By the time global growth appeared to be faltering in 2019, slashing rates and printing money to buy assets weren’t emergency measures anymore; they were standard policies. The Fed, having raised rates in baby steps and soaked up some of the money injected into the system by QE, reversed course. It cut rates three times in 2019, even though the relatively solid data showed no sign of an imminent collapse in growth. The ECB made clear it was frustrated by persistently low inflation and hinted that it might add equities to its QE programme. Japan had been hoovering up anything that wasn’t nailed down with printed money since 2012. It owns 75% of the exchange-traded fund (ETF) market. So nobody there batted an eyelid at the ECB’s extraordinary suggestion.
The trouble with resorting to emergency measures as a matter of routine, however, is that when a real emergency hits, you really need to produce something special. So when Covid-19 arrived, central banks threw the kitchen sink at it. The Bank of England’s latest QE programme is literally QE on speed: in the past few weeks it has been buying bonds at twice the rate seen during the financial crisis, says Capital Economics. The Fed is wading into the corporate debt market with its latest blast of QE. It is buying junk bonds. Junk bonds. It is this sort of thing, along with the ECB potentially buying stocks, that would make my younger self’s jaw drop. It would drop further if I told him that several major emerging markets are doing QE now too.
Markets don’t work anymore
Where has all this liquidity got us? The Fed’s balance sheet has soared to over $5.3trn. That’s well over a quarter of the country’s national income. And if you think that’s a lot of printed money, consider that Japan has now bought assets worth more than its GDP. It owns half the government bond market. All this and it has yet to lift inflation significantly. But on it charges: it wants to quadruple its holdings of commercial paper and corporate bonds. Credit-ratings agency Fitch calculates that the central banks of America, Japan, Britain and the eurozone will buy $6trn of assets this year. That’s three times their 2013 haul, which was the previous peak. The Fed, the ECB and the Bank of Japan collectively have balance sheets worth about $18trn. For perspective, global GDP is $86trn.
It’s clear that simply hosing economies with liquidity doesn’t galvanise them into growing faster. But it also has several negative side-effects that boil down to one key problem: it stops markets working properly. This is clearest in the bond market, where QE has seen off the so-called bond vigilantes. Back in the old days, governments would be discouraged from borrowing and spending too heavily because bond markets would sell off their paper, raising yields (implied long-term interest rates) and thus punishing spendthrifts.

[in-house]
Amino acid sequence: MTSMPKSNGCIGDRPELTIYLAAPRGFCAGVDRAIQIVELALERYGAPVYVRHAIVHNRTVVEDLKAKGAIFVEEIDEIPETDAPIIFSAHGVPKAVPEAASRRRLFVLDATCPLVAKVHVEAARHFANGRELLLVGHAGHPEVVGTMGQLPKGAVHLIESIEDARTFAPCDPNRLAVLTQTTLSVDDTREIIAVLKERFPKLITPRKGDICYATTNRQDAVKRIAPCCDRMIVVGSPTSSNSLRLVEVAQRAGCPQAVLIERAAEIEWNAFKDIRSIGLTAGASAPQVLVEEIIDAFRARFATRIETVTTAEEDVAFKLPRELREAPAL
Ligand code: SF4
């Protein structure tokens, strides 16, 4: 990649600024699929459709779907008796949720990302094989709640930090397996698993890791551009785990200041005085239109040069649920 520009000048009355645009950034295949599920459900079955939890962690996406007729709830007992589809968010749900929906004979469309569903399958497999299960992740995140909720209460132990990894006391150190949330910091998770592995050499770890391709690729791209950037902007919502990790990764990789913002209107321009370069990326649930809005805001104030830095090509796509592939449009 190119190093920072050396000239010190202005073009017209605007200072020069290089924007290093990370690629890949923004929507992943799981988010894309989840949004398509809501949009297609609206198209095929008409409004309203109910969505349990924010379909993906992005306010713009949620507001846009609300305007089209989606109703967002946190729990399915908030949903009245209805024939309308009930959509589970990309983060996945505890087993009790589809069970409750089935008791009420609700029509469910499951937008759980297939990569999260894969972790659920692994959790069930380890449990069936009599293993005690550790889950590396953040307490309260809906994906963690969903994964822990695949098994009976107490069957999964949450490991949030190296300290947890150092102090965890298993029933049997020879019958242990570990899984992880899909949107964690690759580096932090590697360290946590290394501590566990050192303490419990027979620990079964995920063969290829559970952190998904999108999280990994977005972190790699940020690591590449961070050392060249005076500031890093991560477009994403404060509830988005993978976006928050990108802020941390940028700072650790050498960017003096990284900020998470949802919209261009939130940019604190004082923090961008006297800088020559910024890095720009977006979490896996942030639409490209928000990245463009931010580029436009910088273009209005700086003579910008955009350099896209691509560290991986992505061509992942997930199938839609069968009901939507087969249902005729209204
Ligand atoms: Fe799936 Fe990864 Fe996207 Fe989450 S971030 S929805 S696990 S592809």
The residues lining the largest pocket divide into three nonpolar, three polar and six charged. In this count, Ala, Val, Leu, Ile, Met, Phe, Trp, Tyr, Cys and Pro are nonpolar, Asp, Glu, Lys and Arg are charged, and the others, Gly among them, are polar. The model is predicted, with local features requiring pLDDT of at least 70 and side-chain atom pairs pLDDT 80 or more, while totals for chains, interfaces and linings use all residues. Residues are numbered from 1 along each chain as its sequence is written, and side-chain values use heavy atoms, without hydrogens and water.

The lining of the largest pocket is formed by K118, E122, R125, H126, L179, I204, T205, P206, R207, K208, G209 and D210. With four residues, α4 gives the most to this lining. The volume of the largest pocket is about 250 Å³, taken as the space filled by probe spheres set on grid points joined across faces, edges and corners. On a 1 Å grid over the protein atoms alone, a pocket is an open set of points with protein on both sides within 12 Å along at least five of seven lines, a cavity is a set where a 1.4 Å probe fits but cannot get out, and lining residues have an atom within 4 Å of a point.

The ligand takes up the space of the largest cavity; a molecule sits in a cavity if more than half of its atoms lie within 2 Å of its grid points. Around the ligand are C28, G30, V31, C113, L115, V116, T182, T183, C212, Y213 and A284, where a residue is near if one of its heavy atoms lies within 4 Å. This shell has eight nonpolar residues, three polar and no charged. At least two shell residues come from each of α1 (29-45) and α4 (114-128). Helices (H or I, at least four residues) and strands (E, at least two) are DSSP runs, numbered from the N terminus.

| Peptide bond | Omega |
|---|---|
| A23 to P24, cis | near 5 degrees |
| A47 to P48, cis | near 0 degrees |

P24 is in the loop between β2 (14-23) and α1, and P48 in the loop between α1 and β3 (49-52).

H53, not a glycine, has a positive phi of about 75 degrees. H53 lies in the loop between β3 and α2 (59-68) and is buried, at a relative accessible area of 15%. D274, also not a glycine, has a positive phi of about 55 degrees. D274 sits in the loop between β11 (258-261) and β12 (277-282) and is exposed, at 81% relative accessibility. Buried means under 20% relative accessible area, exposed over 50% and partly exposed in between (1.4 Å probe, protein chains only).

But now central banks are underwriting bond markets with QE, profligate governments are off the leash. It doesn’t matter how reckless they are: rates will stay low because bonds are always being hoovered up. Stocks, meanwhile, will always find a floor, even though valuations have never fallen to levels that in the past implied the start of a long-term bull market.
Then there are negative interest rates. Just over $11.4trn of debt worldwide has a negative yield, almost a fifth of the world’s total. Some central banks, notably in Europe, have pushed short-term rates below zero. As far as bonds are concerned, this is encouraging speculation. If you hold a negative-yielding bond to maturity you make a loss, so the only way to profit is to sell it on to someone else and make a capital gain.
More fundamentally, being paid to borrow, and not earning interest on savings, is a distortion of basic economics. Based on the price of money, we choose to borrow and spend because we think we can make a higher return than the cost of money. If money is essentially free, we will be more reckless than usual, storing up future trouble – or perhaps so fearful given this absurd backdrop that we will sit on our hands. Either way, it bodes ill.
Time to panic?
Central banks, then, have landed us with two fundamental problems. Firstly, “markets have lost the capacity to self-adjust and correct”, as Doug Noland of the Credit Bubble Bulletin puts it. And the price of money has lost its meaning. At the macroeconomic level, distortions caused by years of interference have included the rise of zombie companies – unviable businesses that only still exist because interest rates are so low – and economies unhealthily skewed towards the financial sector, as we witnessed in the run-up to the 2008 crisis. “The saving grace of capitalism, its often cruel efficiency, is steadily being lost”, says John Authers on Bloomberg.
World markets are going further and further through the looking glass. Quite how all this monetary dysfunction finally comes to an end is unclear; we suspect it will be through a nasty bout of inflation, and we will explore the issue in depth in future MoneyWeeks. But for now, we find ourselves in the same position as throughout most of the surreal past two decades: cyclically bullish owing to the sheer amount of liquidity sloshing around; structurally bearish because the entire global market edifice is so hideously flawed; and holding on more tightly to our gold than ever before.